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Brigham and Women’s Sleep Medicine and Endocrinology Center

at Brigham and Women's Faulkner Hospital

Inspire Upper Airway Stimulation Therapy for Obstructive Sleep Apnea

For patients with obstructive sleep apnea who cannot use Continuous Positive Airway Pressure (CPAP) therapy, which is recognized as the best treatment option for sleep apnea, Brigham and Women’s Faulkner Hospital now offers Inspire® upper airway stimulation therapy.

Inspire therapy works inside the body with a patient’s natural breathing process to treat sleep apnea. Mild stimulation keeps the airway open during sleep, allowing oxygen to flow naturally. The patient uses a small handheld remote to turn Inspire on before bed and off when they wake up.

Am I a candidate for Inspire upper airway stimulation therapy?

To qualify for Inspire upper airway stimulation therapy, patients must have a body mass index (BMI) of 32 or below and their sleep apnea must wake them between 15 and 65 times per hour. An initial procedure called a Drug Induced Sleep Endoscopy (DISE) is needed to determine the type of muscle collapse that causes your sleep apnea, which then determines if you are a good candidate for Inspire upper airway stimulation therapy. This procedure takes about 20 minutes and is performed by your sleep doctor alongside an anesthesiologist.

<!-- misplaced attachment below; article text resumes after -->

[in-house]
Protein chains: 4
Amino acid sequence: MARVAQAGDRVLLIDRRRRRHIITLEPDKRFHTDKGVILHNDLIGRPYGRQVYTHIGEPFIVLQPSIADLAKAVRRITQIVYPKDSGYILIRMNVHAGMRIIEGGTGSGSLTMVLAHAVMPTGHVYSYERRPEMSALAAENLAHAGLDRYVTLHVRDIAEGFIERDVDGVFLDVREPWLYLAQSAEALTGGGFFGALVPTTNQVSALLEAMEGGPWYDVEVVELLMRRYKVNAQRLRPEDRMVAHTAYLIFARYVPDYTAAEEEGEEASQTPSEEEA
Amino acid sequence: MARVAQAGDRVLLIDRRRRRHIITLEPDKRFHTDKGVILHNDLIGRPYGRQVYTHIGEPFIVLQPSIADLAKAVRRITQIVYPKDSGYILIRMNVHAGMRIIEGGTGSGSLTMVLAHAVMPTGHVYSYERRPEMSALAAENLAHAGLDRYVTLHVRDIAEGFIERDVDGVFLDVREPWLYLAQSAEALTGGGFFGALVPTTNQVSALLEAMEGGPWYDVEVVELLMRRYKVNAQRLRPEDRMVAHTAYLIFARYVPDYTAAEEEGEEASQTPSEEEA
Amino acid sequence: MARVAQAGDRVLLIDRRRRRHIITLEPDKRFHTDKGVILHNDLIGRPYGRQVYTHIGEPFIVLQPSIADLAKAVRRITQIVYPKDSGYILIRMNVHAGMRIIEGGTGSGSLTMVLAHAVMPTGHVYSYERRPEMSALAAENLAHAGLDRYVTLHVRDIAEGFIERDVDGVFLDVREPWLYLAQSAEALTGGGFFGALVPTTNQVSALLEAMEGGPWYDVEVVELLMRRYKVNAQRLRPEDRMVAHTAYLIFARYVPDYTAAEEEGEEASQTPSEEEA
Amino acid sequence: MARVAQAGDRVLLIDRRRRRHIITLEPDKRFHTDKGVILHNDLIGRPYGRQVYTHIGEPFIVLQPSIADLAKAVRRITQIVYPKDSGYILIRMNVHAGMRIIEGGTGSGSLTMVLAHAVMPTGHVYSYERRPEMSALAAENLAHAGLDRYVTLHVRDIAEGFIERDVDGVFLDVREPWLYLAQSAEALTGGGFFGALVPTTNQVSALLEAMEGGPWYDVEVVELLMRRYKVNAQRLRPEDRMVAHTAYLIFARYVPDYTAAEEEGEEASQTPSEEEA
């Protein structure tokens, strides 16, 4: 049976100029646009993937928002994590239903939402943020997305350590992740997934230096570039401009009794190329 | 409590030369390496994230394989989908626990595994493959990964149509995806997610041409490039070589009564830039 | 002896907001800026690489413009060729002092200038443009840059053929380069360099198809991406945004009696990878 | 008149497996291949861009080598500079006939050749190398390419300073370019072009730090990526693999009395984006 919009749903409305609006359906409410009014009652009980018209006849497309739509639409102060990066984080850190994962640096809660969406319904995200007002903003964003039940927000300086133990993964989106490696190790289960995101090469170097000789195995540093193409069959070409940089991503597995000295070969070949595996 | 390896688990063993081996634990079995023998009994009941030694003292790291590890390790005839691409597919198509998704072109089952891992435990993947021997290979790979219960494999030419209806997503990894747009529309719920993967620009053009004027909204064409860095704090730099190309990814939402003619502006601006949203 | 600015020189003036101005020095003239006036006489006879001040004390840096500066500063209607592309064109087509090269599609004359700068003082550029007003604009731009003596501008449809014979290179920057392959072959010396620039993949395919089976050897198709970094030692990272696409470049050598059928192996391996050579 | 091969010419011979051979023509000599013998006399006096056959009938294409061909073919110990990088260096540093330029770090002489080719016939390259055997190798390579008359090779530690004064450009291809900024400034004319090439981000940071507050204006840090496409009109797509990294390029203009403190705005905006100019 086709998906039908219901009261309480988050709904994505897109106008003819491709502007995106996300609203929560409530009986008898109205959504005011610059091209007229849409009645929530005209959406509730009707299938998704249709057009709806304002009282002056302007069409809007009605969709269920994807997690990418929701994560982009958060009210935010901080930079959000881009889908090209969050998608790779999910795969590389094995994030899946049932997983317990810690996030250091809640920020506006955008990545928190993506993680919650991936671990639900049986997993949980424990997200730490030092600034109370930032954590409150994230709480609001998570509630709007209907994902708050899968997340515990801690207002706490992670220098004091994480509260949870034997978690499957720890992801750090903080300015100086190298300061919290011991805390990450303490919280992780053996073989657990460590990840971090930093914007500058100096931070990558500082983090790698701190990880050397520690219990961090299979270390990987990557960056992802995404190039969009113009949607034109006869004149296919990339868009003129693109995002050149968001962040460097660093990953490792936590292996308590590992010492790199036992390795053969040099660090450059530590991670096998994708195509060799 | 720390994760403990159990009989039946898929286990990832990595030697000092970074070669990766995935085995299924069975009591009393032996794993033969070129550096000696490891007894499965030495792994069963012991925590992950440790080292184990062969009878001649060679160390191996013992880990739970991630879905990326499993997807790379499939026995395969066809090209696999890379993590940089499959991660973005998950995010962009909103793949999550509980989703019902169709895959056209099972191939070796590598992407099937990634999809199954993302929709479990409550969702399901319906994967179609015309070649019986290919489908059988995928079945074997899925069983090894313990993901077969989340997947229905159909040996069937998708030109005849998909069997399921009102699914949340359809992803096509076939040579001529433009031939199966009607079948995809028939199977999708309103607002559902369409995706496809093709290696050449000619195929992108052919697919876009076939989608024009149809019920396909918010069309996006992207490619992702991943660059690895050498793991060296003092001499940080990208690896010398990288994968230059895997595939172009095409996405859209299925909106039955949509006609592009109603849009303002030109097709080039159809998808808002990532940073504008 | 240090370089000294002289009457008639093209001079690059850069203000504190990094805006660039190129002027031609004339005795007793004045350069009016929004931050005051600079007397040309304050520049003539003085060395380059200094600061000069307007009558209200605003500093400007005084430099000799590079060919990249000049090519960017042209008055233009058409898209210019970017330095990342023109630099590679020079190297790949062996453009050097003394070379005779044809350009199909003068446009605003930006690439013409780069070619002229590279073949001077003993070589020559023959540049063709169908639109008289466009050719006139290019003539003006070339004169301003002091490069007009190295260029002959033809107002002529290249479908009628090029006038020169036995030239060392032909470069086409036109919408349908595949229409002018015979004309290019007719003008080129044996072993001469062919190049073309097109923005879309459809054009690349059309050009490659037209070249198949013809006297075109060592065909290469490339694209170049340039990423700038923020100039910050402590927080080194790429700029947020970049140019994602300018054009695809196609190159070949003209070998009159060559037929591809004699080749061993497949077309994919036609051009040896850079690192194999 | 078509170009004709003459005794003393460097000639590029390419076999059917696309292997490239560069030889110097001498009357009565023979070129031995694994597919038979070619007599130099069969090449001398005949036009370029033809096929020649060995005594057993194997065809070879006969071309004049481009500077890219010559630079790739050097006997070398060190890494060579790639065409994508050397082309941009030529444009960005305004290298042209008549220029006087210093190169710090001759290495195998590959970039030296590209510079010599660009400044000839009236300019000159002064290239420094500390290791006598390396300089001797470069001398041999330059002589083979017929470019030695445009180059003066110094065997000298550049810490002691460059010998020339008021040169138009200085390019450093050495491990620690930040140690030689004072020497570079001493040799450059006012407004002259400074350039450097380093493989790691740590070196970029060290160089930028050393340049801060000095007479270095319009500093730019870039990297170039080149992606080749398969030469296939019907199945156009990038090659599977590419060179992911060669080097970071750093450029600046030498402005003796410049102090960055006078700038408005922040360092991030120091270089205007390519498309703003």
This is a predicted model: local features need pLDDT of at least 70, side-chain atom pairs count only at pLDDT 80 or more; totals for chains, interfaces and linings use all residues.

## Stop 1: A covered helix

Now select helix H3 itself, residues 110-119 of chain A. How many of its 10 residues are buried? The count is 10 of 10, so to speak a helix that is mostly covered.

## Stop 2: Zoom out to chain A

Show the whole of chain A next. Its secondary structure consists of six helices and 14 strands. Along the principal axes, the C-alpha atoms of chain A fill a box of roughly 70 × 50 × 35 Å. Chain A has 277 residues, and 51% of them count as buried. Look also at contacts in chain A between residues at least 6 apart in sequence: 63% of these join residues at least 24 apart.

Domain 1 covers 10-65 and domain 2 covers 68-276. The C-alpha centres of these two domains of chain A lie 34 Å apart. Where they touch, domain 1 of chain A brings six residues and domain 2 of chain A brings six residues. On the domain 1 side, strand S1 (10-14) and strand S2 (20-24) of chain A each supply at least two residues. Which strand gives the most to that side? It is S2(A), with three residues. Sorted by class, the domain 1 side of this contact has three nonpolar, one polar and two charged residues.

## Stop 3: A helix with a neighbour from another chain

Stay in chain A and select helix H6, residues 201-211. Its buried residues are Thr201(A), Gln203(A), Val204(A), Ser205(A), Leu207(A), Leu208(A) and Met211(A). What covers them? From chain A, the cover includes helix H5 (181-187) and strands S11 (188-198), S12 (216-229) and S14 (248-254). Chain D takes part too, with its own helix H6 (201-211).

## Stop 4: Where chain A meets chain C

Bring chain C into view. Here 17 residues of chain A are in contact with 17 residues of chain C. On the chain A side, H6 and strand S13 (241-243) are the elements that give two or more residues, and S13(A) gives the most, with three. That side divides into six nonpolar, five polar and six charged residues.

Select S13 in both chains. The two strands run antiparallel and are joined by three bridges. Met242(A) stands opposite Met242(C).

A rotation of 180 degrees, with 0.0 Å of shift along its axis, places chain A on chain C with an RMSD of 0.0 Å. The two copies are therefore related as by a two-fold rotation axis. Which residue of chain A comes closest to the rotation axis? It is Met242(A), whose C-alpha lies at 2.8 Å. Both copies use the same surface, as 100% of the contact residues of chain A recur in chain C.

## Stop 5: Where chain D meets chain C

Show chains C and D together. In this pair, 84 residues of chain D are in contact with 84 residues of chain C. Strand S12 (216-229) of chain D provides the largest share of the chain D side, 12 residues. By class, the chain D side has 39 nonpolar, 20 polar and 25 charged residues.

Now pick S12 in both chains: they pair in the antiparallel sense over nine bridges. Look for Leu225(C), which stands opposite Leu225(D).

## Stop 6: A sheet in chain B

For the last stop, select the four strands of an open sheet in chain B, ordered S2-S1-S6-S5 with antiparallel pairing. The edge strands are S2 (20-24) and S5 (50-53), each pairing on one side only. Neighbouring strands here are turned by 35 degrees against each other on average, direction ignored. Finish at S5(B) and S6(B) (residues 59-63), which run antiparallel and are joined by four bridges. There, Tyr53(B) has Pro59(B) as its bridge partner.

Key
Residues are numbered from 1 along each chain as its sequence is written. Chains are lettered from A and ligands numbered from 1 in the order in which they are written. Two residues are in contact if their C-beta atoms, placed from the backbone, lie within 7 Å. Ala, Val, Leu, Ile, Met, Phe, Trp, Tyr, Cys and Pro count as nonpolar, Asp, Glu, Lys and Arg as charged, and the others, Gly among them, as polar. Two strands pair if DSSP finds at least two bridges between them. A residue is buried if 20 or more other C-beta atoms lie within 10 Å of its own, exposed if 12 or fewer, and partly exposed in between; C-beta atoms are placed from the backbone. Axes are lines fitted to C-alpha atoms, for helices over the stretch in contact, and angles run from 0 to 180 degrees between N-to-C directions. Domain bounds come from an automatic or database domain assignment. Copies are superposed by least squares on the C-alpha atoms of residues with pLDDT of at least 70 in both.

How does Inspire upper airway stimulation therapy work?

For patients who qualify, a small device will be implanted by an ear, nose and throat surgeon. Once you have healed from that procedure, you will be tested over the course of several weeks to determine how much stimulation you can tolerate from the device. Before you begin using the device to treat your sleep apnea, you will take part in a sleep study to determine the optimal stimulation to treat your sleep apnea.

How long does the Inspire device last?

Similar to a pacemaker, the Inspire device’s batteries last at least 10 years. Replacing the battery requires a simple surgical procedure.

What are the benefits of Inspire upper airway stimulation therapy?

With Inspire upper airway stimulation therapy, sleep apnea patients do not need to be tied to a CPAP mask, which can be uncomfortable for many people and disruptive to their bed partners. To turn it on at night, you simply use the remote control.

Brigham and Women's Faulkner Hospital

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